Billions was an important part of these deals. Twin Peaks was also an important part, as were Ray Donovan and The Affair, all these brilliant television series that in the environment that we are in today, to a certain extent, replaced movies. These series are a new kind of long-form movie. It used to be that people watched movies on premium platforms and talked about them. But by the time movies get to premium platforms today, people have seen them because they have access to movies in so many different ways. If you are a Ray Donovan fan, you can’t wait to watch and talk about Ray Donovan. The same with Billions or any one of the Showtime shows. I can’t tell you how many people, especially from our business, can’t wait for Twin Peaks to come back! We’ve done extremely well with these Showtime partnerships, and outside of where we have these branded portfolio deals, we have a number of volume deals and individual licensing deals. Yes, these shows are not NCIS, they are not Hawaii Five-0, and they are not intended to be. This is not about viewership; it’s about subscription. And there are few titles out there that help drive the subscription model. This is about driving subscribers to your service and getting people to either subscribe or, just as importantly, stay subscribed.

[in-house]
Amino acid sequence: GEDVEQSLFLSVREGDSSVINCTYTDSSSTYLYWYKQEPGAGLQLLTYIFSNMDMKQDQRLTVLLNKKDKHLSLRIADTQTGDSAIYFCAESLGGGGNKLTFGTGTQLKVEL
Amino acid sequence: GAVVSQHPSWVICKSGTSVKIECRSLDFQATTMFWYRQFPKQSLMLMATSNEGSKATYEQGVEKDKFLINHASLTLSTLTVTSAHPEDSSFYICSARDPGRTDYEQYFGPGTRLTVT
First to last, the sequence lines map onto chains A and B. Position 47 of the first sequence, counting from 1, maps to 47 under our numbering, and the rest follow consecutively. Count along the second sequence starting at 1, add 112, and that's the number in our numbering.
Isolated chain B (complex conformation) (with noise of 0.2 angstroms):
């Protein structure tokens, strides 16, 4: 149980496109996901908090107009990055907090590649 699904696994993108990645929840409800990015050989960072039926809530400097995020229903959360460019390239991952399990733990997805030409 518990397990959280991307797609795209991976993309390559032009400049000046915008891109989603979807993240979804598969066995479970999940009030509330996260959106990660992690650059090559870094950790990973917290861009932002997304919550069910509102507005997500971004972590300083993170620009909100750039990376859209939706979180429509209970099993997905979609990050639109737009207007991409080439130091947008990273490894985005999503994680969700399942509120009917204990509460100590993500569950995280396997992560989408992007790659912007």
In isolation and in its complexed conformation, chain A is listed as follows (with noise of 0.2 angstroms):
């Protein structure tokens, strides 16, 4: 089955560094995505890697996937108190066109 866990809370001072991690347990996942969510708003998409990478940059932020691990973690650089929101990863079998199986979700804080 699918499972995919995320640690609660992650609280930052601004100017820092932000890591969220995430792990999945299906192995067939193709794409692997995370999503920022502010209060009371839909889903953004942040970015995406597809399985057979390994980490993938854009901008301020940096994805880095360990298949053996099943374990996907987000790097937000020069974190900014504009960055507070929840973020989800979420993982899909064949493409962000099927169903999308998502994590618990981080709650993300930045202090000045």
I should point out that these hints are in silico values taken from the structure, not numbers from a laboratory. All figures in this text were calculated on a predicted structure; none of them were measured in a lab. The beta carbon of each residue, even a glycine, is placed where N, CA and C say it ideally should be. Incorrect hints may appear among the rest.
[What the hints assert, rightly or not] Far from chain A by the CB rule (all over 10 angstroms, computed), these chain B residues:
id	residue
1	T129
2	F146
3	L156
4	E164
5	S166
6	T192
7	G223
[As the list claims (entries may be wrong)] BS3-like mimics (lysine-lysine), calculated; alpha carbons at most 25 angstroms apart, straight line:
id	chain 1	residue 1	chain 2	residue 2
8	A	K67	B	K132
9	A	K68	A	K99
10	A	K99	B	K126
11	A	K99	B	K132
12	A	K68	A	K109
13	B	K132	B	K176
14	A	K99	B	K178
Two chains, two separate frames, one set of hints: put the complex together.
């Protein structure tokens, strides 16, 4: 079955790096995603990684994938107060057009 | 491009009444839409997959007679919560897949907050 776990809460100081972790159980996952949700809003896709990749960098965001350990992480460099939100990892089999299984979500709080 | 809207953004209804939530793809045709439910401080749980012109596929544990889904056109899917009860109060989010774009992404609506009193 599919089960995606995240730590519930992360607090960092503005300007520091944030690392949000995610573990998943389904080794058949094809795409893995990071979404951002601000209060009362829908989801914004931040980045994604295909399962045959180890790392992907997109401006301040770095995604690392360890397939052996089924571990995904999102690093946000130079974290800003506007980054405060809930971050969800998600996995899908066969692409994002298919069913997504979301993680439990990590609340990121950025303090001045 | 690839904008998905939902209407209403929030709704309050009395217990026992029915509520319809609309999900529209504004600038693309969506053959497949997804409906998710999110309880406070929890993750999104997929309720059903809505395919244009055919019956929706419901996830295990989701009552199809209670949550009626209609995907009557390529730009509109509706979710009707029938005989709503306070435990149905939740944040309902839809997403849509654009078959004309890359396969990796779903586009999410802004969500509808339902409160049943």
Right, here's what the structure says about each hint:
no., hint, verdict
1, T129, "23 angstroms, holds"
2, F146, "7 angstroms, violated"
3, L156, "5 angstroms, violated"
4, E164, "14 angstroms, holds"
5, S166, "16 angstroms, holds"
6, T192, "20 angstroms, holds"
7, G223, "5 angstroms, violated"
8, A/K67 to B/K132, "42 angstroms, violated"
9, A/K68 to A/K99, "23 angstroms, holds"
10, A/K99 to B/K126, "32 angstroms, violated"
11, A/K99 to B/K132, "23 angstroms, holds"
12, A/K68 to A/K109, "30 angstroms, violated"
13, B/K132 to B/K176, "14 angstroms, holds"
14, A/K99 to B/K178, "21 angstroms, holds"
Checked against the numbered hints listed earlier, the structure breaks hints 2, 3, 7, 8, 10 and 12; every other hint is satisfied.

WS: Tell us about The Good Fight and Star Trek: Discovery, which are both for the CBS All Access service in the U.S.
NUÑEZ: It’s original programming that we are creating for our direct-to-consumer, over-the-top offering, CBS All Access. We started with The Good Fight, which made a lot of sense for us coming off the huge popularity of The Good Wife. And from a creative point of view, we were able to make The Good Fight a bit more premium—the type of content that is a little bit more risqué and probably would have a little bit more of an issue on a broadcast platform. Then, of course, there is Star Trek: Discovery, which is one of the most popular franchises of all time. Internationally, we’ve done two significant deals for Star Trek, one with Bell Media in Canada, where Bell has the linear and the digital rights. And we did a significant international deal with our friends over at Netflix for the rest of the world. And after Netflix’s initial exploitation, once the holdback expires, we will have the ability to monetize Star Trek: Discovery in the first linear window.